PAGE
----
Digital boundaries: The online world comes with so... - Mencap


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Digital boundaries


The online world comes with so many amazing possibilities. Opportunities to connect with people you would never usually connect to if not for dating apps, social media and forums. Share things we are interested in and find like minded people, play games, be creative the list goes on!

It is important to consider the online world in a balanced way, there are benefits and there are risks not dissimilar to the ‘real’ world. Therefore, when addressing things like online safety and boundaries with young people we need to present balanced view points.

Having conversations is vital in supporting young people to stay safe online. Leading the conversation with open questions, taking a genuine interest in what their online lives are like in a non judgemental way can give you a good insight into your child/ young person behaviour online. You will probably end up learning something new!

I wanted to give some quick do’s and don’ts on talking to young people about digital boundaries

•Do ask questions. Open, genuinely interested questions for example

oWhat do you enjoy doing online?

oWhat are the best things about it?

oWhat are some things you don’t like about it?

oAre there any risks you know about?

oDo you have any tips for me about how to stay safe? Where did you learn these tips?

oWhat things are ‘ok’ to share and what things are not?

Once you have some more information and know about the apps and online content your child accesses you can always check dangers of certain apps on Net aware

This gives you a better understanding of the risks surrounding apps you may not be familiar with and inform your conversations!

•Do reassure them that they can always come to you if they see anything that upsets them online. Do they know where to find the safety advice, privacy settings and how to report or block on the services they use.

•Do model digital boundaries. We learn an awful lot from observing. A great way to engage and discuss digital boundaries is by creating a family agreement. This can be done with children of any age and helps them to have ownership over the conversation. An example of a digital boundary you could include in a family agreement is “can you ask me before you tag me in a photo on Facebook.” This demonstrates boundaries and consent in a digital space.

Here is a link to childnets version on the family agreement

•Don’t worry if you don’t know the terms. Language and slang is constantly evolving and changing. If you don’t know a word just ask what it means, we also have a glossary of terms specifically about online dating on our website which could come in handy!

•Don’t let this be a one off conversation. Things are changing all the time and so will your child or young persons online life. It’s important to talk regularly

Emily Yates of Enhance The UK shared her experiences of online dating with a disability with us, here’s a link to the page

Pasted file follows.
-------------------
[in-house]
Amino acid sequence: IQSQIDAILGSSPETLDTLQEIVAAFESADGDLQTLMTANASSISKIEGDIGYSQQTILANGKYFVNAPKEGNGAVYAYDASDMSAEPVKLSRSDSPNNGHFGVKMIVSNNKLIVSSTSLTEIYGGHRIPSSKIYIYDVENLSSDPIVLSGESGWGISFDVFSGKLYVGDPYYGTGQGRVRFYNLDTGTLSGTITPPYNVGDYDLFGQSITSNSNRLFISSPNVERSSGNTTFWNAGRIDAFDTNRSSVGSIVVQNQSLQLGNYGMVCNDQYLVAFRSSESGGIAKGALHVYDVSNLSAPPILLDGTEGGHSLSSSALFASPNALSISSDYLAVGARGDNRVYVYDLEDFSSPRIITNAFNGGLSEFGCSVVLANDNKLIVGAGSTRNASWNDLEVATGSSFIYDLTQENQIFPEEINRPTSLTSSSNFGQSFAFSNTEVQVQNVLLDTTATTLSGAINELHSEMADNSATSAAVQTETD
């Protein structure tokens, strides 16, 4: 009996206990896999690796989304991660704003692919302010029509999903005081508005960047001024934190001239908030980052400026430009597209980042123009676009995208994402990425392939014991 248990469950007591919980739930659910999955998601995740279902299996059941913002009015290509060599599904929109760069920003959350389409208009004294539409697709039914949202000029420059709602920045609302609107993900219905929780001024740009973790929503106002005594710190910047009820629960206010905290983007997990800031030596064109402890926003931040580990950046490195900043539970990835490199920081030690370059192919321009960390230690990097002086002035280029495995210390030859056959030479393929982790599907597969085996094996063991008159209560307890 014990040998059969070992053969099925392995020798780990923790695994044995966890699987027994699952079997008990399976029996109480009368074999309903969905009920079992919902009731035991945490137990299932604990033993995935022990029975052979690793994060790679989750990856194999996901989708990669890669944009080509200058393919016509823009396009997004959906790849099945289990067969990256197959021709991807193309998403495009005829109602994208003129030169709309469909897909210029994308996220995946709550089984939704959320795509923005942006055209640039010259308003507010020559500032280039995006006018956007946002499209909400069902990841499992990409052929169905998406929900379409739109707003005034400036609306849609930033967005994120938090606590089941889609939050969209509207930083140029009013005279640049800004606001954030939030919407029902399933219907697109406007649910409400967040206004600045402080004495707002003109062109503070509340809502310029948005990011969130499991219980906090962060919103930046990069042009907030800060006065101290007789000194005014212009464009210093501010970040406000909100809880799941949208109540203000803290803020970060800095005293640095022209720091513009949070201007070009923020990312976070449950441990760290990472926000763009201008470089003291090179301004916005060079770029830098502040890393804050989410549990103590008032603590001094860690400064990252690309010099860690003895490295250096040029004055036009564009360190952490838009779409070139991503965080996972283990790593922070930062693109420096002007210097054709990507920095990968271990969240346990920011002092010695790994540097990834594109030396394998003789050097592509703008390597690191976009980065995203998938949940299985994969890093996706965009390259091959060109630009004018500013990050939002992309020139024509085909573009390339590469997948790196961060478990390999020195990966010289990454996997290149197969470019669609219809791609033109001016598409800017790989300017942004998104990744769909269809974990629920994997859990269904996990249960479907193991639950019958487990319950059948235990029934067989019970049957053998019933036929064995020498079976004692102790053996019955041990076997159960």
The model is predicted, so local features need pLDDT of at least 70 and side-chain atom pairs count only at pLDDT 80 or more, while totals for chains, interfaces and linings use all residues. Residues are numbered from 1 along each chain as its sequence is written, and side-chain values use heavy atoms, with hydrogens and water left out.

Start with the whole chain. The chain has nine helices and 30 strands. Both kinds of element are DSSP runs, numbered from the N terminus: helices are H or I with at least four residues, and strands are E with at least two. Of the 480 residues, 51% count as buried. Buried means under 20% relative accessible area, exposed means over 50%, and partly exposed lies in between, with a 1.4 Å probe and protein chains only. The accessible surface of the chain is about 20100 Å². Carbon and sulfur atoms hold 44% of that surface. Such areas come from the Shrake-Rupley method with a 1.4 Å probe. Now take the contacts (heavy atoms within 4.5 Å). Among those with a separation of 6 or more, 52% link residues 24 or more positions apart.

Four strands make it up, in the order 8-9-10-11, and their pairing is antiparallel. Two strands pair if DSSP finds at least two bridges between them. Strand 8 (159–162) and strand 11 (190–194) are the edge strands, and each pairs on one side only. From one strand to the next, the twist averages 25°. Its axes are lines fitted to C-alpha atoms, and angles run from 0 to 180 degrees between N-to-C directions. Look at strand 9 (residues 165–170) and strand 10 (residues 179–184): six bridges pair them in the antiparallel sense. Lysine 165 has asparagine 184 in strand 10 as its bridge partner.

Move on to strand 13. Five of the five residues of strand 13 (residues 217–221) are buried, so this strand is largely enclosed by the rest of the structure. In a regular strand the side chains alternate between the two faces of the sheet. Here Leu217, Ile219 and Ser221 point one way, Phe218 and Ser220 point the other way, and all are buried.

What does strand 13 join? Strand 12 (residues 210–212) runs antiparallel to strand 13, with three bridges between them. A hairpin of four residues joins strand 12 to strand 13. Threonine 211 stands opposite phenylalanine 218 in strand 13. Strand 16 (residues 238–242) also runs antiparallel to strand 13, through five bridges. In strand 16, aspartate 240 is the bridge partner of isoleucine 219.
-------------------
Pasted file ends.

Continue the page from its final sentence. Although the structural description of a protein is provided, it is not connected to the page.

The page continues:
Feel free to leave questions relating to digital boundaries below!

5 Replies

Thank you for this great post Amber.

If you'd like to hear from Amber she is our expert this week (14 to 18 September 2020) on anything to do with relationships and sexual health. Have a look here -



Great post. It has got me thinking about my brother (who has an ld). He is beginning to date (in his 40s). There is no one specific at the moment but he is giving it a go. This has all be curtailed by coronavirus but he is happy but I think he finds it very exciting. Staying safe online is an issue (he uses online dating apps). I wonder how well he would understand the signs (positive and negative) from other people. I also worry that is he is bit vulnerable and other people could take advantage. Thanks. Jo

Amber_BrookExpert in reply to jow2319

Hi Jo,

I’m glad your brother is happy and excited by trying something new. Online dating apps can work for lots of people. It’s good to remember most people on dating apps are there with good intentions just like in the ‘real’ world. But it is important for everyone to be aware of the risks and how to minimise the risks.

It might be worth gauging how much your brother knows about using dating services safely, because he might already have some ideas! See our web page with tops on how to make contact, meet up and reporting things you think are not safe.

You could also link this to your brother or offer to go through it with him!


My question is very similar to another one about internet dating and making sure it is safe and appropriate. My mind boggles when I think what my daughter could get up to. Part of me things good on her – but the other part wants to protect her. She is 18 now but isn’t very mature.

She just doesn’t want to miss out.

Amber_BrookExpert in reply to Growbag45

Hi there,

I would say that the above post and link to staying safe online dating would be really useful for having these discussions. Making the information accessible and allowing your daughter to talk about it and ask questions if she wants to.

Having conversations about how to stay safe online and keeping communications open is the best way to ensure to allow your daughter to make her own decisions but they are informed and she knows where to go if she needs support.

Also, sometimes it can be helpful for to work out if there are other people in your daughters life who could have these conversations too. Older siblings, family members she is close to, friends, support workers.

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